C Language Reference for Script Programmers - Pointers
what are they?
the value of a pointer is a hex
how big are they?
what makes them so
passing by value
passing by reference
By passing the address of a variable (passing a pointer) we are “passing by reference” rather than by value. By reference we mean address. This can be viewed as a disadvantage in that you need to take extra precautions if you don’t want the data that is passed by reference to be altered from within the function. However since C limits functions to returning only a single value this is the only way to trick a function into returning more than one value. We can pass the address of several variables and alter all of the them within the function, getting around the single return value.
If you haven’t absorbed all that yet don’t worry about it. We’ll go back over all of it now with some examples. But keep in mind that the biggest cause of bugs is misuse of pointers, so even the pros have a hard time with them from time to time. So don’t get discouraged.
int * pint;
this creates a pointer to an int, a pointer to a char and a pointer to a double respectively. Adding a ‘p’ to the beginning of the variable’s name helps us remember that it is a pointer, but is not required. The * after the typename in a declaration means that it is a pointer, the * has many other meanings that depend on the context as we will soon see.
int * pint;
Here we declare two variables, a pointer to an int and an int. Then we assign the address of the int to the pointer. The last line is read “pint equals the address of a_real_int”. So the value of pint is the address of a_real_int, which might look something like: 0x00000143 (the 0x prefix indicates that this is a hex number, in base 10 it would be: 323).
It should be fairly obvious that a pointer can have it’s value changed just like any other variable. That means that a pointer need not always point to the same variable, this can be very useful. Also just as three ints can all have a value of 25, three pointers can all have a value of 0x00000008. That is more than one pointer can point to the same variable.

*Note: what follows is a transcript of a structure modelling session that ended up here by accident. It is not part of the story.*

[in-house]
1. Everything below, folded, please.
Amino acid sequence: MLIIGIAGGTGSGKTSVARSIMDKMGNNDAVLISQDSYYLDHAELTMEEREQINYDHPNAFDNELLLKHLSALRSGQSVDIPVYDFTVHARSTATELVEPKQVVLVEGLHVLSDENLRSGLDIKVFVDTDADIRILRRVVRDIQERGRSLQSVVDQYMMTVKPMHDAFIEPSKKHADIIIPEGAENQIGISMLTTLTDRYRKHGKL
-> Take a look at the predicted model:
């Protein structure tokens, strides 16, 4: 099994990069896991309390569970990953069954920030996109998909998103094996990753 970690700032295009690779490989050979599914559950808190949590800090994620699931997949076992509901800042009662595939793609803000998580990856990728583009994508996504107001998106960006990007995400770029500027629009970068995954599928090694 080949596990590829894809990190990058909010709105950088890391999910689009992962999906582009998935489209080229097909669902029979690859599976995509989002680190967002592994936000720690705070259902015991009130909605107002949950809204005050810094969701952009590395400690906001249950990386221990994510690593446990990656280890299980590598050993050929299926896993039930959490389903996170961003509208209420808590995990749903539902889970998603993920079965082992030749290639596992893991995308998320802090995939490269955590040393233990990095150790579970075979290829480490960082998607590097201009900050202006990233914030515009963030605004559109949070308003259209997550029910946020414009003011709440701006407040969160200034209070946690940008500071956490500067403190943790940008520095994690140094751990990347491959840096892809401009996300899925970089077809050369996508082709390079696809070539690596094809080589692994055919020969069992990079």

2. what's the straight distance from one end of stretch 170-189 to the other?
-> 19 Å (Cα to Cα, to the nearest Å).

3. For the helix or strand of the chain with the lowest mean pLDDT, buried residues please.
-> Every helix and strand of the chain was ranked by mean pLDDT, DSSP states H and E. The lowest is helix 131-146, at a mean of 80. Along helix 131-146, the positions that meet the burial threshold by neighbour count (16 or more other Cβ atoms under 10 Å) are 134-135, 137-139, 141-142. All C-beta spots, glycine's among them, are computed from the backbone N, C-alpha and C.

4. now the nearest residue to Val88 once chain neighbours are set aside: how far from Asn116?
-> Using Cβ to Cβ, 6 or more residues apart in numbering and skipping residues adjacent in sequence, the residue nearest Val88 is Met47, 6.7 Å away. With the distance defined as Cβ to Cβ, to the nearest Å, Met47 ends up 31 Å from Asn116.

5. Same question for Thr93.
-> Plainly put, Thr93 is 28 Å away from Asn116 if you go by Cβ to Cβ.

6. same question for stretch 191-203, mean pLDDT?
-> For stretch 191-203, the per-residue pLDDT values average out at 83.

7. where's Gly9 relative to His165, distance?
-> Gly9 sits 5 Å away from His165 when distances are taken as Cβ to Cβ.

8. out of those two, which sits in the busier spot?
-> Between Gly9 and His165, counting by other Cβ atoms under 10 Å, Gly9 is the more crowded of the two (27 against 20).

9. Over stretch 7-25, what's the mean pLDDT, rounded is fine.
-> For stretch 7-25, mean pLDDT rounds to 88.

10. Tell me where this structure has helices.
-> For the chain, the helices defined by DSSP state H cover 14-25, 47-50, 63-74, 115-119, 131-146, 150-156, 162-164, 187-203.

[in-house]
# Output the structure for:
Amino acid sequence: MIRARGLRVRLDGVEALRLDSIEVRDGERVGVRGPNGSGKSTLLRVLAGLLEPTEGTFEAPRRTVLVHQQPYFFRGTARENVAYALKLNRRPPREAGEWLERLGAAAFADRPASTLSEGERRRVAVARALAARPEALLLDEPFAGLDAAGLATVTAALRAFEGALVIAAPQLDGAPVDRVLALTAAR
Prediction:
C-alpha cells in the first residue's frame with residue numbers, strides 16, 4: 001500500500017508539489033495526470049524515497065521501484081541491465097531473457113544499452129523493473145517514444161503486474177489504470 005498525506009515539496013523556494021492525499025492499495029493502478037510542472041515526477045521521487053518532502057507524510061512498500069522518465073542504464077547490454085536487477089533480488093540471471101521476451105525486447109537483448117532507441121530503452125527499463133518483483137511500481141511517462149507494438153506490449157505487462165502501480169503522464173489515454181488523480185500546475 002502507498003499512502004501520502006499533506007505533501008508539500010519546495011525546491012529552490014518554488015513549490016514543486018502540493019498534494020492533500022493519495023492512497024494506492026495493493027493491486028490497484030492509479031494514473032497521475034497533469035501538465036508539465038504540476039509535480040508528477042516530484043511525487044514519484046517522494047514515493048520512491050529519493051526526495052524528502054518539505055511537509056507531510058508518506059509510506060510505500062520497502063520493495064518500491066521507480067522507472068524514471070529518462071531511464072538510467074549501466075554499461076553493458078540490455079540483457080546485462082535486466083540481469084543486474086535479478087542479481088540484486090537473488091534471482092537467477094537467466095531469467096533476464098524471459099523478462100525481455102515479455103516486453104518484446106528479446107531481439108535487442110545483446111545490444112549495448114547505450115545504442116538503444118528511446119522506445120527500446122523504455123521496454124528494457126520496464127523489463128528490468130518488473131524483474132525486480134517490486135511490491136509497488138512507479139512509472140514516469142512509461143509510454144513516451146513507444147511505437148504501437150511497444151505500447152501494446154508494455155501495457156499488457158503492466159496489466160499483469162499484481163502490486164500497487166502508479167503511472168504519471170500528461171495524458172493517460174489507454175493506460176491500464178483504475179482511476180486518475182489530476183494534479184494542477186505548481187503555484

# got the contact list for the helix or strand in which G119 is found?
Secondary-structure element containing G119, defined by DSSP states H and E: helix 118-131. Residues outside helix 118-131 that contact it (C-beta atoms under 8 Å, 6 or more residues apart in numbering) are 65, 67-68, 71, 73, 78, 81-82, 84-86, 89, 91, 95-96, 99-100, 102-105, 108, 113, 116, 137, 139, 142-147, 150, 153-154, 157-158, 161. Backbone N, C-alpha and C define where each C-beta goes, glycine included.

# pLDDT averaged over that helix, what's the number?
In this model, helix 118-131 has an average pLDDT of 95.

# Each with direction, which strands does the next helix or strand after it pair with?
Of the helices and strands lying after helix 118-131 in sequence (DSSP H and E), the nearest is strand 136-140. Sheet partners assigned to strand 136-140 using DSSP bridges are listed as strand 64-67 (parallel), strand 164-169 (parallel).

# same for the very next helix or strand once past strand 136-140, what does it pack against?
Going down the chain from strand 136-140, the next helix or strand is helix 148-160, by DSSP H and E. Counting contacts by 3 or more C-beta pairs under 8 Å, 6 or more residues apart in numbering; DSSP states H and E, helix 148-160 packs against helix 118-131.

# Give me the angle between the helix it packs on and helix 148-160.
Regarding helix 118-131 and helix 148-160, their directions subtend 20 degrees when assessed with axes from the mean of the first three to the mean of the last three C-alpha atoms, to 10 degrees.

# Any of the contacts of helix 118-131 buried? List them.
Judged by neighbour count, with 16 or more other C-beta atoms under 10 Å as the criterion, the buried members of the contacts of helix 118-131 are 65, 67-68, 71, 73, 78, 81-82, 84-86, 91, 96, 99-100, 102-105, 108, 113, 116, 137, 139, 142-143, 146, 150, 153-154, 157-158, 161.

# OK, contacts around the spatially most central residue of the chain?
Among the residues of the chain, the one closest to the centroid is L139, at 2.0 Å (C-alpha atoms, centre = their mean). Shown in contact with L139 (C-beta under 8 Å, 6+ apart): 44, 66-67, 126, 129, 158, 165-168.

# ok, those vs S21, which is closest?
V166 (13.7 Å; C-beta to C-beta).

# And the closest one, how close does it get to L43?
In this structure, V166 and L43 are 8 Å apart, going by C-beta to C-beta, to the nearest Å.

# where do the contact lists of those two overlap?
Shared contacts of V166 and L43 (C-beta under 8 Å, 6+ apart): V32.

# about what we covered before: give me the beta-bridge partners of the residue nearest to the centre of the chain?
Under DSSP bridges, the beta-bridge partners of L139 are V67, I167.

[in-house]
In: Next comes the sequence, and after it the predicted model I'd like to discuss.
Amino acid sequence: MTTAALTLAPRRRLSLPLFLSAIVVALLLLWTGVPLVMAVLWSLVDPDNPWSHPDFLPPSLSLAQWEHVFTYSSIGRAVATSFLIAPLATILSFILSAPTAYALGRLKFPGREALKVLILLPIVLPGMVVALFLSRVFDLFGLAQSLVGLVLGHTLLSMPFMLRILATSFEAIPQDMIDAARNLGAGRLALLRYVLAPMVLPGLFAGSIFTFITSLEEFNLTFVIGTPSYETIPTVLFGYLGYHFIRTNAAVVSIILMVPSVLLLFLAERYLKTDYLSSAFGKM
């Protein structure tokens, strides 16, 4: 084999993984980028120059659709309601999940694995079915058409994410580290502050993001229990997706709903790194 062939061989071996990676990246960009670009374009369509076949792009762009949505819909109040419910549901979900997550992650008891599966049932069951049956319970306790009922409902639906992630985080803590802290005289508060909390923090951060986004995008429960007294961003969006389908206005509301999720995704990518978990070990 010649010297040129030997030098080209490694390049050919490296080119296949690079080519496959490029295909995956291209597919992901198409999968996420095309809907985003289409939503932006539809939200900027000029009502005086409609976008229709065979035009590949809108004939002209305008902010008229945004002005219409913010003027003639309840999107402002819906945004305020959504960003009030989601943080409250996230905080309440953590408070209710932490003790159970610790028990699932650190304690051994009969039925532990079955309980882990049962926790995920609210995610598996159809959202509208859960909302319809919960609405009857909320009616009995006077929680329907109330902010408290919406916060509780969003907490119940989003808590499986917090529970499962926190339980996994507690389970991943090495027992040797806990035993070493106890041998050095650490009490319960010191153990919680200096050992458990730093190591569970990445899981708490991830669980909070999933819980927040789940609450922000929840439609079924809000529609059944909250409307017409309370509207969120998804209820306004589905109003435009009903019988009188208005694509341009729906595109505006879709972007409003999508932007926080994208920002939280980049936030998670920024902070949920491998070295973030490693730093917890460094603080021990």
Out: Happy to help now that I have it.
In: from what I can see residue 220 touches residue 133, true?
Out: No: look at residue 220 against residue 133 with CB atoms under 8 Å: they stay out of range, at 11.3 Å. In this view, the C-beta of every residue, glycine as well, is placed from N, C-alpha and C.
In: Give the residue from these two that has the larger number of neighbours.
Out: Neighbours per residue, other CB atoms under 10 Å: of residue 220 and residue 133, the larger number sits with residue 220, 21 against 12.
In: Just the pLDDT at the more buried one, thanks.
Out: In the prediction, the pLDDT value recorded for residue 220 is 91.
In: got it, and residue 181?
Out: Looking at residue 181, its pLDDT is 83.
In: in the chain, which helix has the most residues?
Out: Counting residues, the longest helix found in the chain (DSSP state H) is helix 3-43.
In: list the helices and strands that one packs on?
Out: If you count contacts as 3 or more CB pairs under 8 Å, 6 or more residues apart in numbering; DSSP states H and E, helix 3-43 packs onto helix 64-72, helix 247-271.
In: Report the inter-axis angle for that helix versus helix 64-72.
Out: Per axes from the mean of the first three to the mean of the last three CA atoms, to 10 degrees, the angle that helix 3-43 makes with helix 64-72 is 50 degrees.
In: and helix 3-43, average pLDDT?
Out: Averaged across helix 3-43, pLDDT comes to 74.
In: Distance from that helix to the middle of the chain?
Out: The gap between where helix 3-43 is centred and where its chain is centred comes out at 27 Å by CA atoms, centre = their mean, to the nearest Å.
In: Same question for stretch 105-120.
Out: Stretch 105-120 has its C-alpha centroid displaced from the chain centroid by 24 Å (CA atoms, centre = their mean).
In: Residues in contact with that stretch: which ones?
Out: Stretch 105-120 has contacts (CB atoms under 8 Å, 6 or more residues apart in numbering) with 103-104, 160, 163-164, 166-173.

pint = 35;
thinking that this will change the value of a_real_int to 35. This is not the case however, the line above will change the value of pint (which we remember is an address) to 35 or 0x00000023. That can have catastrophic results since pint will be pointing to the memory stored at address 0x00000023 which could be anything, some other program’s data or worse yet system information.
Clearly we need some way of identifying when we intend to change the value (address pointed to) of a pointer, and when we intend to change the value of the variable pointed to by the pointer. We do so with the help of our old friend the asterisk:
*pint = 35;
Yup that’s the same * we used to declare the variable as a pointer, now we’re using it to indicate that we want to access the variable pointed to by the pointer. Don’t worry if you think that seems weird, it is. As I said earlier the * has several meanings that all depend on context. In a declaration it means that the variable is a pointer. Anywhere else it indicates that the variable that follows is to be “dereferenced”. By dereferenced we mean that we want to access the variable that the pointer references (or points to). Of course * also means multiply so you need to be careful to observe the order of operations (see a C book). When in doubt surround the variable with parentheses and you’ll be fine:
a_real_int = 25 * (*pint);
The line above assigns to a_real_int the value of 25 times the value of the int that pint points to. According to our example pint points to a_real_int so the line above makes a_real_int equal 25 times it’s previous value.
passing as arguments
*val1, int *val2)
This function takes two arguments both of type pointer to int. The code of the function takes the value of the int pointed to by the second argument and assigns it to the value of the int pointed to by the first. We would call the function as follows:
// assign the addresses of the ints to the
// use pint2 to set the value of number2 to 56:
// call the function test_func( ) to assign the value
You’ll notice that when we pass pint1 and pint2 to test_func we don’t use a *. The reason for this is that the function is defined as taking int *’s as it’s arguments, and both pint1 and pint2 are int *’s, therefore no dereferencing is necessary. If we had dereferenced them as in:
we would be attempting to pass ints, not int *’s. This would result in a compile time error, so don’t do that.
Here’s something that might not be immediately obvious but should help you understand pointers better:
number2 = 56;
test_func( &number1, &number2);
Can you see why this works? Remember that a pointer’s value is an address. What are we passing to the function test_func in this example? We’re using the address operator to pass the address of number1 and number2. Remember also that C passes by value, that is the variables val1 and val2 of test_func get the value of the arguments passed to the function assigned to them. Since the values being passed are addresses, and the value of pointers are addresses, they are compatible. The value of an address to an int is the same as the value of a pointer to an int (because they are the same thing), a hexadecimal address.
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